Bad sport? Not me. I just want the best for my children
Having launched the JC Daniel Sacks Award for outstanding sporting achievement for 11-16-year-old's last week, I was somewhat shocked by what I saw at my children's sports day this week.
In my day, a sports day was just that – a day of sport. Running races, high jump, long jump, we did the lot. The egg and spoon and wheelbarrow races were a little more relaxed while the tug of war separated the men from the boys.
Far from being a pushy parent, nothing would make me prouder than if my children progress to a high level in a chosen sport.
I've read plenty about the non-competitive aspect of school sports, especially at a young age, but no-one broke sweat and no-one won a prize - it was just a glorified PE lesson in which the kids had fun. The "games" were even held on a concrete playground and I can assure you that I was not the only parent huffing and puffing in disbelief.
It's ridiculous and unfair on those children who excel at sport - when do they get to shine or have their potential realised? On the other side of the coin, a fellow parent said: "Surely, school sport is about fitness for life rather than athletic prowess. There are plenty of opportunities for competitive sport through clubs outside school.
"In a non-competitive sports day the children get to compete in loads of activities rather than sitting on the sidelines being bored witless and waiting for their one race. They are in teams so there is an element of competition. The children loved it and perhaps that is the main thing."
I've been reliably informed that they will move to an athletics stadium in Year 3.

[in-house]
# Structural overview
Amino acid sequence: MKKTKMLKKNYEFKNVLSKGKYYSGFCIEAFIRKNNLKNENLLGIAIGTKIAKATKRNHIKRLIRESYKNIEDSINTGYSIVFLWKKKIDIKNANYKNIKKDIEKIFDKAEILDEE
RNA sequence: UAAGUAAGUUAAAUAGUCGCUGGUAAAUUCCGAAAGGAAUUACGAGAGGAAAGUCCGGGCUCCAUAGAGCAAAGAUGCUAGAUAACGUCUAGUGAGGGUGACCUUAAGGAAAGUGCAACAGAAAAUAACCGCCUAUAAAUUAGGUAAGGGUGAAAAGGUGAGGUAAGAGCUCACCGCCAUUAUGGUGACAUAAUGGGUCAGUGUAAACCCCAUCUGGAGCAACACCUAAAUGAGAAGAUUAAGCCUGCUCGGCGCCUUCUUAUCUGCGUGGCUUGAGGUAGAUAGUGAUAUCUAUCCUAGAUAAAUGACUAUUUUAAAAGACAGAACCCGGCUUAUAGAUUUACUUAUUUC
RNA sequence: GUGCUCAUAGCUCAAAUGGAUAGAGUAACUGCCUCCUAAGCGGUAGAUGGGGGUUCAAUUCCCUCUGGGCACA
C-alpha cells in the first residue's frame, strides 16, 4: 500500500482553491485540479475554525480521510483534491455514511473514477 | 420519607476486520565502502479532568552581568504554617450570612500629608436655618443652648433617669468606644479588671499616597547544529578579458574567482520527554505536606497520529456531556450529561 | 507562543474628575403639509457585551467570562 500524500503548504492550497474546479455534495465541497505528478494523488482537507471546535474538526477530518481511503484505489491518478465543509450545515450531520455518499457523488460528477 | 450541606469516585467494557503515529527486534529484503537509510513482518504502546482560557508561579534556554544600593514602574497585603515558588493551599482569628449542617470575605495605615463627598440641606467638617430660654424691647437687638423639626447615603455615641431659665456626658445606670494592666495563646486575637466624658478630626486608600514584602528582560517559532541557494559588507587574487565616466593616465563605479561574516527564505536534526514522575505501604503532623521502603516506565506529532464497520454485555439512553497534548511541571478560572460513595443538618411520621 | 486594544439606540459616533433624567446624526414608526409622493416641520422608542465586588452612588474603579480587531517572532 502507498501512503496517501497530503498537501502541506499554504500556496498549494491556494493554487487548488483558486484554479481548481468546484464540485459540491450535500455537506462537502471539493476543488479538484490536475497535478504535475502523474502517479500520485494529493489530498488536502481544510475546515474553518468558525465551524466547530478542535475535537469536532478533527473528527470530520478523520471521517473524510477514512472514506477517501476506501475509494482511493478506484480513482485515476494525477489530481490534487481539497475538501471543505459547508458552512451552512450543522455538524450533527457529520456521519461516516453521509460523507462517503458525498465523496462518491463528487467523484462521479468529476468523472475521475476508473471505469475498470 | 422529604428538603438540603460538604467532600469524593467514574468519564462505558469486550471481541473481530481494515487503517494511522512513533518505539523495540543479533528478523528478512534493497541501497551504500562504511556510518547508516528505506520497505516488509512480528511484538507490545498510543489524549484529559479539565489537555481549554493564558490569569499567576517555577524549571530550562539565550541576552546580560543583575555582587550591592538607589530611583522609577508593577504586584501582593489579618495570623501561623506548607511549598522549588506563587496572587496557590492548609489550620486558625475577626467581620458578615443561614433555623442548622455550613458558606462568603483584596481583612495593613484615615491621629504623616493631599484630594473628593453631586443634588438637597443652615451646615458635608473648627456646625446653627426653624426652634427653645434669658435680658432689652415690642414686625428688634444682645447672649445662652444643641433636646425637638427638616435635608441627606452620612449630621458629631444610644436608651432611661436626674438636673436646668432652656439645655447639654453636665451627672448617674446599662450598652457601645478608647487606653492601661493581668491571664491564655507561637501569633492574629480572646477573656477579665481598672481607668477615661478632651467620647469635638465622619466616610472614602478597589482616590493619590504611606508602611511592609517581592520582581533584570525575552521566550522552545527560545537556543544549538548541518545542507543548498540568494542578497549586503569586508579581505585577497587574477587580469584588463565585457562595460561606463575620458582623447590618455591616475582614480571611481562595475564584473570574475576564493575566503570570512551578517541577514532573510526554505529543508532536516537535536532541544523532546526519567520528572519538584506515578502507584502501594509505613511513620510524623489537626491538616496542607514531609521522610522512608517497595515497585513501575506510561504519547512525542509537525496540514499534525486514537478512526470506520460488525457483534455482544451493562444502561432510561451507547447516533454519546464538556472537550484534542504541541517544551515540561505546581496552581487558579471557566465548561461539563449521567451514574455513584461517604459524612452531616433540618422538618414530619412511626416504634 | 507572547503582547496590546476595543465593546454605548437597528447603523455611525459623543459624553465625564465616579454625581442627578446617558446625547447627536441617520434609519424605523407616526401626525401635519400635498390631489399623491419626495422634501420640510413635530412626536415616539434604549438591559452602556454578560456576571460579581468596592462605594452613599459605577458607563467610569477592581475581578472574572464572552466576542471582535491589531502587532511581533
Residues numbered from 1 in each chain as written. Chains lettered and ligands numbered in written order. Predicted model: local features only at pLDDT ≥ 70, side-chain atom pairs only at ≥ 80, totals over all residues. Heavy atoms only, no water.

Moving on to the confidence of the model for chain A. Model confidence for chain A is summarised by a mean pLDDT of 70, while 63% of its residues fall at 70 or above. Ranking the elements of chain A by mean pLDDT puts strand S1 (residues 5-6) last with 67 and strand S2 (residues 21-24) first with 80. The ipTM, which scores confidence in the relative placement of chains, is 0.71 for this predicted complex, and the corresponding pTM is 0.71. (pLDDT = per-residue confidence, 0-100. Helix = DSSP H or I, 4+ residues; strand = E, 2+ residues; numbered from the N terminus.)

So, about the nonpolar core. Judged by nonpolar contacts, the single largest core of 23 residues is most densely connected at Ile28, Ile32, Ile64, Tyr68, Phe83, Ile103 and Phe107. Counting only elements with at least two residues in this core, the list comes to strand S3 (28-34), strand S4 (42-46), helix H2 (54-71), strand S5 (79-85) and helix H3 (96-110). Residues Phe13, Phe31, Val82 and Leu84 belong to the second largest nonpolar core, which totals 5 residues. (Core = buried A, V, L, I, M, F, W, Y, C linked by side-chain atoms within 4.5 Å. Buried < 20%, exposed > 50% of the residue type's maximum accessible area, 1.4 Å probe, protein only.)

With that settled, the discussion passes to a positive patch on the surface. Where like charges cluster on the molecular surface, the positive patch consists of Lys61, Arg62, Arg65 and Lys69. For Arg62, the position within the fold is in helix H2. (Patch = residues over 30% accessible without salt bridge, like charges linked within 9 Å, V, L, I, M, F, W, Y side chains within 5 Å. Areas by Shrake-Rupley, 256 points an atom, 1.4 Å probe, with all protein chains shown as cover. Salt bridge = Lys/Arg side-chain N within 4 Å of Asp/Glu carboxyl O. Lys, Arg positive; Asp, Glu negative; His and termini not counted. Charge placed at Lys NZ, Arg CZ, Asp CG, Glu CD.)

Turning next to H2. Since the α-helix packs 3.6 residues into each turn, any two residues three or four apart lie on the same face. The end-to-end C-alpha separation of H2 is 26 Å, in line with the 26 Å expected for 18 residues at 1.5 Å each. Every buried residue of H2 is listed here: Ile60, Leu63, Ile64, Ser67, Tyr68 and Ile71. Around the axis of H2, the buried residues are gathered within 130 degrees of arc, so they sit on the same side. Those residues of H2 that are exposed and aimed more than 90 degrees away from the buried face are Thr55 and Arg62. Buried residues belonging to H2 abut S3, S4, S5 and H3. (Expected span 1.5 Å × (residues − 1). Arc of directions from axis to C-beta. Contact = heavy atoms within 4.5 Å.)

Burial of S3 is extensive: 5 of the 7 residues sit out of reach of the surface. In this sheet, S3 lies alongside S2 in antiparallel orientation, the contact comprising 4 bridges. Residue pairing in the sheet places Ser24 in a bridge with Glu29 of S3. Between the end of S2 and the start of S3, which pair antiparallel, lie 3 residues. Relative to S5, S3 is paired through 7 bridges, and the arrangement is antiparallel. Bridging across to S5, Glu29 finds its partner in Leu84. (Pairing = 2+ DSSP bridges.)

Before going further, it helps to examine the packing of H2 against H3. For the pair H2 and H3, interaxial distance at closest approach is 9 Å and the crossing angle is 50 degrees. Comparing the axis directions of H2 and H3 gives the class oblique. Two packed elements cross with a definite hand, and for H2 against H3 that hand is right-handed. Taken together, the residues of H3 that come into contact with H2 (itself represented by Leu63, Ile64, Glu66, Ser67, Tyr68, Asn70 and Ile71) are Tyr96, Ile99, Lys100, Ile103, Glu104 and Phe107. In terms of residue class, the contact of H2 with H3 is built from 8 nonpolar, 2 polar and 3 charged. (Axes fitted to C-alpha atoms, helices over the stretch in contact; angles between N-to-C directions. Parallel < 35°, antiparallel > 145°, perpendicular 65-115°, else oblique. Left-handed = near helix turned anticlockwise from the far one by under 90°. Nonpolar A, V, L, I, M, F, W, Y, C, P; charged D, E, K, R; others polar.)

For the record, I was in medal contention in the parent's egg and spoon race, until an untimely spill scuppered my chances. Philip Levinson, the former Team JLGB midfield general, crossed the line first although I'm convinced that he benefited from the use of a thumb and a bit of blue tack.
● Having stood down after 42 years of service, first as a player, then as a manager, Catford & Bromley Maccabi chairman Lester Jacobs has stepped forward in a bid to keep the team afloat. Jacobs said: "I now find that the team is on the verge of folding due to retirements injuries and defections. However as chairman, I'm not going to allow the oldest name in Maccabi football to be extinguished without a fight so we urgently need to recruit at least six or seven new players of a decent quality, or at worst MSFL journeyman to ensure we continue and rebuild.
● London Lions' Masters section are entering the Masters Garston League with Craig Henry and Ben Dale as joint-managers. Henry said: "This will be a competitive league with ex pro's and ex semi pro's representing team's . Having played in one friendly already, with more pre-season friendlies scheduled, I'm sure that it will be very competitive and hope to encourage some of the stronger senior players at the club to get involved in Masters football."
The league can have a total of four Over 35's in the starting 11 with the rest of the team made up of 40-years plus.
The Maccabi GB Cricket Twenty20 Cup competition will be held at the Metropolitan Police Sports Ground in Bushey on Sunday. Starting an 11am, Belmont & Edgware have entered two teams. Southgate and MAL complete the line-up.
London Maccabi Vale are hosting a Colts & Parents Nights of Cricket Fun at Rowley Lane on July 13.